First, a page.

For the best organic mulch, after you’ve stacked enough “stuff” (12 to 18 inches of it), with leaves as the base ingredient, you can add some supplements such as urea/ammonium nitrate into the mix. This will help a lot with the breakdown of the leaves and it will quicken the decomposing process. You can also add a little bit of water, but not too much.

In order to prevent your mulch from decomposing completely (unlike compost), you must cover your mulch pile with a plastic tarp and let it sit all winter long.

After a few months (2-3), you’ll notice a white layer of leaf fungus on your mulch mound. This fungus significantly increases the nutrient value of the mulch; it’s a good sign. Turn the pile every few weeks so that the mulch decomposes evenly.

Video first seen on Growing Wisdom.

These are the basics of making your own organic mulch with leaves as the main (or only) ingredient. The same procedure is used on every type of organic mulch. The basics are the same regardless of what materials you use. Now all you have to do is to wait for the spring, when you can use the newly-created mulch in your garden or wherever you want.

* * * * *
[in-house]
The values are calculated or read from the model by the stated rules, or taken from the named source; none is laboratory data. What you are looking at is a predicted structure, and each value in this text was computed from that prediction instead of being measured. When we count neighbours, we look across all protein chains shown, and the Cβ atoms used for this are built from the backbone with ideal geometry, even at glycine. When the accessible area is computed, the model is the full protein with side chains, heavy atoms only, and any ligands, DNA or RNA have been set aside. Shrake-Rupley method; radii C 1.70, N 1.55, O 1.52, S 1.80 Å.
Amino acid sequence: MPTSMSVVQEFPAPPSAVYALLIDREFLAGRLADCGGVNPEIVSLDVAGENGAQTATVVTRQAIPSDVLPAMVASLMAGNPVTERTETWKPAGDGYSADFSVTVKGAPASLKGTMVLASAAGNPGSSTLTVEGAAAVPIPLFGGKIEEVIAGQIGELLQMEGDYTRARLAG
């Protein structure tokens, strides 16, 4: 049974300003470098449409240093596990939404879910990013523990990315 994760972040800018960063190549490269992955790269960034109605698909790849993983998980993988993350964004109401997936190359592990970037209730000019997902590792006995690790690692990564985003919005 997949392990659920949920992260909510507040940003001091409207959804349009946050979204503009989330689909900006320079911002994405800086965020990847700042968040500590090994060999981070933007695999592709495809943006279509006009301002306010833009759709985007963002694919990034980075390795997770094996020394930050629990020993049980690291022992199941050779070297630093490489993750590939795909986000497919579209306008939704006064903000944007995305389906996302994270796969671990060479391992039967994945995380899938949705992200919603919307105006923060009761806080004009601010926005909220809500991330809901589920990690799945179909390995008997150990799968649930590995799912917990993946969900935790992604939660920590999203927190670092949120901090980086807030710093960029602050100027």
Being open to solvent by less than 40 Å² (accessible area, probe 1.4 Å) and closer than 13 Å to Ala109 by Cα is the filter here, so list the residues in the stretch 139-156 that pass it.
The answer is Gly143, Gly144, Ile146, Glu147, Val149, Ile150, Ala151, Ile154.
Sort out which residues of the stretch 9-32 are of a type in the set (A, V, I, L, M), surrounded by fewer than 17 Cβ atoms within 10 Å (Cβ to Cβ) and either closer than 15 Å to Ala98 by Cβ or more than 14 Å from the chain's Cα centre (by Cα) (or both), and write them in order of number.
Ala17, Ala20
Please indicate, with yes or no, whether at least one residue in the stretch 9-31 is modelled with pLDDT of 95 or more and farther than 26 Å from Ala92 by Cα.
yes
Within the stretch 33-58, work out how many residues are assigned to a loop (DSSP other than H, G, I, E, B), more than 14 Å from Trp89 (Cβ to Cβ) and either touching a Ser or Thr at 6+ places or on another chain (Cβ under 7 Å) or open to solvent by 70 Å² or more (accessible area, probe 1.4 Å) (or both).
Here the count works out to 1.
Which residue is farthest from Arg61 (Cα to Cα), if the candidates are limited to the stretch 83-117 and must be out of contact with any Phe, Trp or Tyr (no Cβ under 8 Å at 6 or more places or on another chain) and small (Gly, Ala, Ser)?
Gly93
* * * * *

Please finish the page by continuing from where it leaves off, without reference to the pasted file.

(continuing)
In the fall, apply a few layers of fresh mulch to protect the plants from the harsh winter ahead.

Other Types of Mulch

Now that you know the basic process, let’s take a look at other types of organic mulches:

  • Wood chips are used especially in flower gardens and shrub borders for decorative purposes.
  • Grass clippings are also abundant, just like leaves and they work as natural fertilizers. Being nitrogen-rich, they make for the perfect ingredient in mulches that are used for vegetable gardens. Your garden will thank you kindly for this nitrogen boost!
  • If you know how to make it (read this article) and you have enough of it, compost can be successfully used as a mulch too. Compost is an excellent natural fertilizer and it will make your garden happy. Just remember that dry mulch will negatively impact your plants health so apply the compost mulch in a thin layer and top it with other stuff, like chopped leaves. Using this trick, you’ll make sure that the compost will stay moist and bio-active so that your plants will benefit the most from it.